As promised yesterday, I'm back with another natural material-based mobile for a last-minute Halloween craft! Like the leaves, this requires a bit of prep, in that you need to find some birch bark. Note: do not peel birch bark right from the tree, as that can harm it. Look nearby and you'll likely find a piece or two that has fallen off.
Back home, use regular scissors to cut simple ghost shapes from the bark.
Use a black marker to add eyes and a mouth to each one.
Next you'll add the strings for hanging. As with yesterday's mobile, I separated a two-foot length of embroidery floss into individual threads. Use small dabs of tacky glue to adhere the thread ends to the backs of the birch bark ghosts, and let the glue dry for about a half-hour.
Use the waiting time to select a suitable stick to anchor your ghosts. I chose one that was a bit crooked so it's more Halloween-y. Whichever stick you choose, make sure it's dry and isn't flaking off bits of bark.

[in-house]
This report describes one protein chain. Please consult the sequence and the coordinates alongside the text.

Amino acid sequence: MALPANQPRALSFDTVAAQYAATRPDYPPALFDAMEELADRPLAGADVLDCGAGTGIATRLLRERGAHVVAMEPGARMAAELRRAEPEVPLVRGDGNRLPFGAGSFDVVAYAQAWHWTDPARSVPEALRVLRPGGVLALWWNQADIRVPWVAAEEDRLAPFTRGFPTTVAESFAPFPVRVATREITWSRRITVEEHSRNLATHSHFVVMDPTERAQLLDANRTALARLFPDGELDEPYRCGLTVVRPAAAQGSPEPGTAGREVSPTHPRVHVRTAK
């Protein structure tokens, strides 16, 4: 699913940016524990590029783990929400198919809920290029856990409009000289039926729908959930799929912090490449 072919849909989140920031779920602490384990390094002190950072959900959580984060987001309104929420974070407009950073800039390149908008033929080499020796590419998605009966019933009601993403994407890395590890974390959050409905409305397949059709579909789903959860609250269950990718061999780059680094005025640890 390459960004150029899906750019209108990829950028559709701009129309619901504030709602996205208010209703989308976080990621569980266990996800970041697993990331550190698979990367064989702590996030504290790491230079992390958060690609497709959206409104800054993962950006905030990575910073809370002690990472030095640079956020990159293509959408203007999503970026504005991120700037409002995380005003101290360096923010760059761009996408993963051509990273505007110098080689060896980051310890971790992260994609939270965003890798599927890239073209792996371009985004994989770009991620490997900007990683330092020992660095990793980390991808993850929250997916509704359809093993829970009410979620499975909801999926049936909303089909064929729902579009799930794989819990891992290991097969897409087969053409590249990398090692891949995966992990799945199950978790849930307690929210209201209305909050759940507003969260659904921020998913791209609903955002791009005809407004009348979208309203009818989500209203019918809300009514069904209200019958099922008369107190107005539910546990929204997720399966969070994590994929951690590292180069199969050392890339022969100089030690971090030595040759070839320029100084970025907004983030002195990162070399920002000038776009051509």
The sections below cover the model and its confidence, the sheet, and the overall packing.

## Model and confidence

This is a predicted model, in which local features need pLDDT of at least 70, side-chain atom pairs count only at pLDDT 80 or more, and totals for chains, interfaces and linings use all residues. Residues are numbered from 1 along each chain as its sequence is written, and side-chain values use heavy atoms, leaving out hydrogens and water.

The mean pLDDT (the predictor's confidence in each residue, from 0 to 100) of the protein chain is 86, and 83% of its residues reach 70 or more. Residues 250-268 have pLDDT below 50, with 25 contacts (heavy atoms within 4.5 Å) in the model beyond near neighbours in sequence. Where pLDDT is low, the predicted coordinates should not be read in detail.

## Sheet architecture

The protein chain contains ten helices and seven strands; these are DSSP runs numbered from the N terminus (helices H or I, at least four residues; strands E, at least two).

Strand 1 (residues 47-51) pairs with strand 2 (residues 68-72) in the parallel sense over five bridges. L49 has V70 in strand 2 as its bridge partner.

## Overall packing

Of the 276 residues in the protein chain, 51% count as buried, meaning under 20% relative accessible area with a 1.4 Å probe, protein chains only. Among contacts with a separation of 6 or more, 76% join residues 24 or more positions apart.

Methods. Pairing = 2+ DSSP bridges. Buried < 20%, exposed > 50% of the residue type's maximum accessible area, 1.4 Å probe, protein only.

Tie the thread ends to the stick with single knots, so you can easily adjust the length and make them nicely staggered.
When the ghosts are floating at the altitude you prefer, dab tacky glue onto each knot with your fingertip. Hang your stick with a length of clear plastic cord or fishing line tied near each end. As with the jack o' leaves, I like my mobile near a window. Check out the reflections of the ghosts in the glass! Creeeepy.
Happy almost-Halloween! xo
This has been an epic year for autumn foliage. I saved quite a few leaves inside the pages of a book, but wanted to get them out in the open. With Halloween coming in just a few days, I came up with this quick (really!) craft that the whole family can get involved with. The leaves you see here are a mixture of 1-year-olds and 1-week-olds. The 1-weekers, being more pliable and less crunchy, were much easier to draw on.
Start by selecting seven or eight leaves that you've previously pressed. Draw jack o' lantern faces on them using a fine-point, felt-tip marker.
Next, you'll be gluing the hanging thread to the stem of each leaf. I separated the strands from a two-foot length of embroidery floss; those strands are just a tiny bit thicker than regular thread, making them easier to work with.